• In Clore v Theatrical Properties Ltd [1936] the House of Lords confirmed the approach to contractual licences taken in King v David Allen [1916], which was that they are not proprietary in nature. Therefore, they are unable to bind new owners of properties and also third parties.

Facts of the case:

  • C had rights, under an assigned written agreement to use several facilities contained within a theatre.
  • The agreement stated that it was between the lessor and the lessee and granted the predecessor of the claimant exclusive use of the facilities.
  • The lessor sold the theatre, and C sought to argue that the agreement was binding upon the new owner of the theatre as an overriding interest under s70 (1) (g) Land Registration Act 1925. He argued the agreement was a lease, as it stated it was between the lessor and the lesee. If this was the case, then it would bind the new owners.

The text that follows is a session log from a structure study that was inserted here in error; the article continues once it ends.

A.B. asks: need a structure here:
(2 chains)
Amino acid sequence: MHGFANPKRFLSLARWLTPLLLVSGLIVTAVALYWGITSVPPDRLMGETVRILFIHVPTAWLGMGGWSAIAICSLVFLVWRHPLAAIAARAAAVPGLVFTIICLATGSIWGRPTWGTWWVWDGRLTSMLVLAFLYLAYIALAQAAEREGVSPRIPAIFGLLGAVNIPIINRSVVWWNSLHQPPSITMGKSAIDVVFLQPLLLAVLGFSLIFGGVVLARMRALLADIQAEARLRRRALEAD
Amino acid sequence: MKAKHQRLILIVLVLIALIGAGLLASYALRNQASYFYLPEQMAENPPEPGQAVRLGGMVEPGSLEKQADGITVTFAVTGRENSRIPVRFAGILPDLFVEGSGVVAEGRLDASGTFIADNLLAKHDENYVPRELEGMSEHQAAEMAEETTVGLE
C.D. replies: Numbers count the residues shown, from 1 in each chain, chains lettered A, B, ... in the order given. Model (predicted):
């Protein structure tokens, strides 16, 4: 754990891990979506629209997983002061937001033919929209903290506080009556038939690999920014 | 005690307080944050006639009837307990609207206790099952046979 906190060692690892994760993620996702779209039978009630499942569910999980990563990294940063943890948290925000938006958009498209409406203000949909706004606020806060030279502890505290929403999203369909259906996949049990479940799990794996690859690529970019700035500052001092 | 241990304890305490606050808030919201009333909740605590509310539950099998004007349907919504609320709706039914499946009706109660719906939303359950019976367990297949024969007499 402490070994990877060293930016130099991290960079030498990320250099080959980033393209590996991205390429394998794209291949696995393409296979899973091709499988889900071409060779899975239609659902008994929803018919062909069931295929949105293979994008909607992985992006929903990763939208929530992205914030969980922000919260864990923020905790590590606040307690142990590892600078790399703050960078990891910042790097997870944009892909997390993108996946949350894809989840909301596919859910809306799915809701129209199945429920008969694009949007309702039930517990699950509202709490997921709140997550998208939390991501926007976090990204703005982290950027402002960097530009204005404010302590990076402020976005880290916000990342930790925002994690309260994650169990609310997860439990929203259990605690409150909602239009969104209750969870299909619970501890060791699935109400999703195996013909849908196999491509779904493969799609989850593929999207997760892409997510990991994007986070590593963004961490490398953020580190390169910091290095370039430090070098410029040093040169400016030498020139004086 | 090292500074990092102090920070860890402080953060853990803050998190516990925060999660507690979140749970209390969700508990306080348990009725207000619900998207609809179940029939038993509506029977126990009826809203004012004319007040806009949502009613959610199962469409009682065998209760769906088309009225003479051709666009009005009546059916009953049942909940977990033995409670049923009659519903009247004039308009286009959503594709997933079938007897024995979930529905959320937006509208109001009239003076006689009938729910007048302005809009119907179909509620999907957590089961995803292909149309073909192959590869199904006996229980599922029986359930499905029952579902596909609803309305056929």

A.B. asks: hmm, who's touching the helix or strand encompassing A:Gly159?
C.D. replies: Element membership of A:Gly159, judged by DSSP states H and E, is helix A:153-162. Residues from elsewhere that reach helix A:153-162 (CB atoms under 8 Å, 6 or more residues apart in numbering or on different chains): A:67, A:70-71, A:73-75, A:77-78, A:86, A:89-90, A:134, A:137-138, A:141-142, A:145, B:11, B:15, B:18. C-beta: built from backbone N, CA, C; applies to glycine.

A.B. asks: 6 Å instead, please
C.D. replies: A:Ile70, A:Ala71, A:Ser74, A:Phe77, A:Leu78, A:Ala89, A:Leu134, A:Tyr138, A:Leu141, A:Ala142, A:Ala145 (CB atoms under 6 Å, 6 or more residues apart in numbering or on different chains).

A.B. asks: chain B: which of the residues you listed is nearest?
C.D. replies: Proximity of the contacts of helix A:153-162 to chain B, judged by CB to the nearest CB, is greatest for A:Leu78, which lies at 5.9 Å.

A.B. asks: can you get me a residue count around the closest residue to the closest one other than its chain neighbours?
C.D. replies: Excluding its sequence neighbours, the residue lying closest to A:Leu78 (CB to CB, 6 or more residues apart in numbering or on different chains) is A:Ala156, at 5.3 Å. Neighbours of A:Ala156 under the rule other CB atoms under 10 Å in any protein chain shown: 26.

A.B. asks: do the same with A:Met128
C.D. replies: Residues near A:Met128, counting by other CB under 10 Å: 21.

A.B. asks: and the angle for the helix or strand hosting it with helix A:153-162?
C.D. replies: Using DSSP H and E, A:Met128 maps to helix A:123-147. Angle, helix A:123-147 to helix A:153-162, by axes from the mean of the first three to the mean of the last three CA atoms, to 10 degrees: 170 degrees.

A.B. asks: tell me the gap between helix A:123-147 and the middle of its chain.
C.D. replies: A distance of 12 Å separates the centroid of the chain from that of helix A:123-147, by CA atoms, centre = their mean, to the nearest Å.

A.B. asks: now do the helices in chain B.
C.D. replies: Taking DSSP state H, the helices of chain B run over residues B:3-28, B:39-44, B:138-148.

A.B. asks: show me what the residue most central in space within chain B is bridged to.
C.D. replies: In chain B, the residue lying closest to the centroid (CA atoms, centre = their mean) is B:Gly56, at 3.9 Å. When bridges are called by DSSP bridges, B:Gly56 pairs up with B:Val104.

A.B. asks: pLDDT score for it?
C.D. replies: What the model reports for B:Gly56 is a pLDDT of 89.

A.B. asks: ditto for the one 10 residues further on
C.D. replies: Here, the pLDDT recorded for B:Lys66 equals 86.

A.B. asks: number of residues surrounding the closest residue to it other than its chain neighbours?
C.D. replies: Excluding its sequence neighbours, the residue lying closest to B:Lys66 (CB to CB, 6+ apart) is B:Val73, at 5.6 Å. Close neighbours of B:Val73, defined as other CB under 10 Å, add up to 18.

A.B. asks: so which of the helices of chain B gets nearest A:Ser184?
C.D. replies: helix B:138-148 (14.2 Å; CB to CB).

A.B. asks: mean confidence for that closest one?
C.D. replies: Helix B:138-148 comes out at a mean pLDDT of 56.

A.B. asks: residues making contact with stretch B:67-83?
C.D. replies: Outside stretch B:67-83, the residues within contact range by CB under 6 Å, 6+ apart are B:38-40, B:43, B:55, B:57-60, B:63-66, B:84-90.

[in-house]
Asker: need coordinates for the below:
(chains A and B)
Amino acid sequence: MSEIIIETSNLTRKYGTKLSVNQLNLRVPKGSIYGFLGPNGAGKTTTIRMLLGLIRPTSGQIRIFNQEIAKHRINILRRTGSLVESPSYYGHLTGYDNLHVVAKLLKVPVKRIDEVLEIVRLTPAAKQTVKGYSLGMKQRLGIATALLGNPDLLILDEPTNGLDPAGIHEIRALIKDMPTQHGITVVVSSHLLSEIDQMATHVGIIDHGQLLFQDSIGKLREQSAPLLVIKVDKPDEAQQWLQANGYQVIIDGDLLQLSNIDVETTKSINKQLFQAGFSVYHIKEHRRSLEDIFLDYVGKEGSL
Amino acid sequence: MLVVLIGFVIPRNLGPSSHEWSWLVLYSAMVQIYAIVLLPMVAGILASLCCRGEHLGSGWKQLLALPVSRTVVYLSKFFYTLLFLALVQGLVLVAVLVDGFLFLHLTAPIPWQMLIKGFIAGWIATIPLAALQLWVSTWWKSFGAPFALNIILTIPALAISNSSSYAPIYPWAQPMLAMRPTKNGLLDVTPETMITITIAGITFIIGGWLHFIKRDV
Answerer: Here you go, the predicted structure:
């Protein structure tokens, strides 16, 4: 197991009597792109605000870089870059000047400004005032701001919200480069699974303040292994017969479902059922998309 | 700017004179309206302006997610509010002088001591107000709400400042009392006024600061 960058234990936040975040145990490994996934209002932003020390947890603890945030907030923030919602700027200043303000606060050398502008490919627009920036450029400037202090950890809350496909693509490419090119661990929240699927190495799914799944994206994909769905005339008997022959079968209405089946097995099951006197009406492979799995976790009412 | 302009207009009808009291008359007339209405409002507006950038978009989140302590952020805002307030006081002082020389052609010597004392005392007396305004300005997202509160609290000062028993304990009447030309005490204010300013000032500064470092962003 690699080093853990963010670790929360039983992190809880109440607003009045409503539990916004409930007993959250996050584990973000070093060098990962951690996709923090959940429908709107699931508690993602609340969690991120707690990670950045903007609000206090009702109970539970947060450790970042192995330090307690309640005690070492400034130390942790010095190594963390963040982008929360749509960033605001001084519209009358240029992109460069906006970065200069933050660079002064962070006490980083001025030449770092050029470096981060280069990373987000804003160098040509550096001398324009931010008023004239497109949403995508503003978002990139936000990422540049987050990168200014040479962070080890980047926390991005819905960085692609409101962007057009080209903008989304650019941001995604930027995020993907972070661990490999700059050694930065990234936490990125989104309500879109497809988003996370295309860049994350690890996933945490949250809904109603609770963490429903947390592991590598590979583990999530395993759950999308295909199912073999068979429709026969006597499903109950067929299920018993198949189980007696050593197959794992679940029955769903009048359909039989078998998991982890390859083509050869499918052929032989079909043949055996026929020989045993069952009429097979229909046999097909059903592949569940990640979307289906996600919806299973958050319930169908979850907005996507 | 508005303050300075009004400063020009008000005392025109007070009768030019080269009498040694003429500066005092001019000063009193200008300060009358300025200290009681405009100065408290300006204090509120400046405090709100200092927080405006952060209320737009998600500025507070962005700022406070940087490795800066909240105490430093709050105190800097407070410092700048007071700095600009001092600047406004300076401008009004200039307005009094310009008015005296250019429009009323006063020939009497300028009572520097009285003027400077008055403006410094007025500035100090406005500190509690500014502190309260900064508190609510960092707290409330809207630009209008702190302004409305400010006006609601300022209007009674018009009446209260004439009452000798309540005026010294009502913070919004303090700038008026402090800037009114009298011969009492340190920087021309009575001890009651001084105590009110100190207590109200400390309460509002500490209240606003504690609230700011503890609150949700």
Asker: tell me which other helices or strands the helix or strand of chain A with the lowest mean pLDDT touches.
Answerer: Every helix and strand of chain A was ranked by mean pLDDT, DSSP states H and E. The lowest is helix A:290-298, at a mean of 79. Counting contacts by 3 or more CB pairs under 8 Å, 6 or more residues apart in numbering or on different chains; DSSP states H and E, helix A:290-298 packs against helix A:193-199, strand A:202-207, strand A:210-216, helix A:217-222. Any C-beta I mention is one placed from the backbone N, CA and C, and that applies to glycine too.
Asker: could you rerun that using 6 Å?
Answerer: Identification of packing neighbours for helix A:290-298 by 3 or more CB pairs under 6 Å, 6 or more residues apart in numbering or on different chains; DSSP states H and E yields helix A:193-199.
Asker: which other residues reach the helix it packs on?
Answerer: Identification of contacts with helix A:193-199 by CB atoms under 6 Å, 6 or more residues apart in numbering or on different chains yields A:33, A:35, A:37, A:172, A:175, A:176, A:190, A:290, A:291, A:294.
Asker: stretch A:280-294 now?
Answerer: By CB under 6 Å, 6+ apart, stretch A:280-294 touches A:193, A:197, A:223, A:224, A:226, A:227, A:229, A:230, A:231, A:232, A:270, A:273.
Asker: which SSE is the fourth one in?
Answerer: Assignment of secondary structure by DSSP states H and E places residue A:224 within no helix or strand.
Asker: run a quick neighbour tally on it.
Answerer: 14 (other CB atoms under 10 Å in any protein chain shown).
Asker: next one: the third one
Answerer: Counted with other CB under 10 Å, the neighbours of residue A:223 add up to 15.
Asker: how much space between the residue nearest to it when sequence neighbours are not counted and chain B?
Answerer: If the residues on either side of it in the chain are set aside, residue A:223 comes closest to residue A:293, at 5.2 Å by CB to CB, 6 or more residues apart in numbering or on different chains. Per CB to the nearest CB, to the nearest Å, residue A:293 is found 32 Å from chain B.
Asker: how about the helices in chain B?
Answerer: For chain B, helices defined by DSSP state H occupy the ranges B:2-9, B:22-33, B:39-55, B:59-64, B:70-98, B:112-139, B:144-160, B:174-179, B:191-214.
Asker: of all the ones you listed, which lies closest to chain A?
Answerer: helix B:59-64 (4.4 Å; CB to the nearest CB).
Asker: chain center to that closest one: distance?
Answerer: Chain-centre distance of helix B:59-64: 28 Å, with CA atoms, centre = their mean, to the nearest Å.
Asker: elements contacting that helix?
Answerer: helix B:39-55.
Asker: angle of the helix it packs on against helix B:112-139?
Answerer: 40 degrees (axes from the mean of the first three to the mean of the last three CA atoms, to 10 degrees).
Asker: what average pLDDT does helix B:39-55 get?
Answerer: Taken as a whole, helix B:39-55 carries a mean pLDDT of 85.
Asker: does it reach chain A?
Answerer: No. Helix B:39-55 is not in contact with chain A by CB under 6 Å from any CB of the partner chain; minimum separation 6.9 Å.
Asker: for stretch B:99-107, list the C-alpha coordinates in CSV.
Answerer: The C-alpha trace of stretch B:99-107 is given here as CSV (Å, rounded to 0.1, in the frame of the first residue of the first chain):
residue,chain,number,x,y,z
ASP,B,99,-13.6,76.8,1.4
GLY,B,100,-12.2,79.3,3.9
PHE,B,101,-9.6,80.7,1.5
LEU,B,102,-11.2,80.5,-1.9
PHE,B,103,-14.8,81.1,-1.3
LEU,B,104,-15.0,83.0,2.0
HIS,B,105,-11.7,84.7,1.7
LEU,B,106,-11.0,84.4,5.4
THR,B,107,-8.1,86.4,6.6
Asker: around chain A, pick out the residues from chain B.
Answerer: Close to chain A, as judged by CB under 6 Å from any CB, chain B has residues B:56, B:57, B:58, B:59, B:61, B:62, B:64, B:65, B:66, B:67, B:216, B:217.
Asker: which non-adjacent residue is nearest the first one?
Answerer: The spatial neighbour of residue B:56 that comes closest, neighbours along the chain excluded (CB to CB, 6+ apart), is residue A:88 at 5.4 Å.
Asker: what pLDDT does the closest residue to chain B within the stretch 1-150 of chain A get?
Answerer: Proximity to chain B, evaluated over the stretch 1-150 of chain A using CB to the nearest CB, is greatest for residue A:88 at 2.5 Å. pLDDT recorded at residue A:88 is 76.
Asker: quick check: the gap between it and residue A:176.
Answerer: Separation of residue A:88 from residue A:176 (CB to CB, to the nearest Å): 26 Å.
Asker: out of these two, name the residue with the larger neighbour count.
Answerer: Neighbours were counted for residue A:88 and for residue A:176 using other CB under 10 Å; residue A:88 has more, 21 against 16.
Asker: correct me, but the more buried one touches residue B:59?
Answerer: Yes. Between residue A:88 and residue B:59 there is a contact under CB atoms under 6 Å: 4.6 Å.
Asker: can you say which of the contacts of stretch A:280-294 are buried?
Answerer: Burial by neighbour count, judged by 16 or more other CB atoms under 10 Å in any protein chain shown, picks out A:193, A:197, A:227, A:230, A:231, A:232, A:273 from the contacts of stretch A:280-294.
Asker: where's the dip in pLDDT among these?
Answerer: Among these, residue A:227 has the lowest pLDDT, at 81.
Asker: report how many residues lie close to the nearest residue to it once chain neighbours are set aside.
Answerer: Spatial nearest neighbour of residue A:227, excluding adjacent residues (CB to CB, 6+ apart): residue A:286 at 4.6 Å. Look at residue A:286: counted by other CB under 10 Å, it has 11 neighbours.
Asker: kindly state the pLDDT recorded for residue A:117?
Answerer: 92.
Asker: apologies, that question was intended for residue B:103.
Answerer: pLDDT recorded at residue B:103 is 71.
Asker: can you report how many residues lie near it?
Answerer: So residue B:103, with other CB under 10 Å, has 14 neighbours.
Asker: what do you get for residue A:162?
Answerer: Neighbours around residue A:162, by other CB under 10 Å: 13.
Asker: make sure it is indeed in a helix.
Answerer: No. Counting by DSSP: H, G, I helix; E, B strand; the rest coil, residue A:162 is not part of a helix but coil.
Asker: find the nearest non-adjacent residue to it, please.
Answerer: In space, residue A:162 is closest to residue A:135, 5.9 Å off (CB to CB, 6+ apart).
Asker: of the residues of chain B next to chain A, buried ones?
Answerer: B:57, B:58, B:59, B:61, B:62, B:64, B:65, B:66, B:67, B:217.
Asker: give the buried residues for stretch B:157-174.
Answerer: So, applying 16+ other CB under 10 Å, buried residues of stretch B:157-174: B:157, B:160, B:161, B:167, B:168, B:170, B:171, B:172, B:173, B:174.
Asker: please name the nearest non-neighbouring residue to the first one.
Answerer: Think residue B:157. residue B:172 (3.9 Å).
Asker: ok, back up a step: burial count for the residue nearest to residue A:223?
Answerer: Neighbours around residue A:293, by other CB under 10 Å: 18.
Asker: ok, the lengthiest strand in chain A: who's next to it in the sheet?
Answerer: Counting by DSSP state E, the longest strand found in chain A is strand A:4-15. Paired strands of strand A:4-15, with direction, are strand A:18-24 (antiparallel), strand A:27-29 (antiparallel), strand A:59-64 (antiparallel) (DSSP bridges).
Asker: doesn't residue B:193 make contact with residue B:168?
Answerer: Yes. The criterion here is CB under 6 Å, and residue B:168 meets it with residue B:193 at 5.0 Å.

• He also argued should that in any case, the agreement, if a licence, would still bind the new owner.

Issues in Clore v Theatrical Properties Ltd [1936]

  • It was held by the House of Lords that the agreement was not a lease under the Land Registration Act but rather was a licence.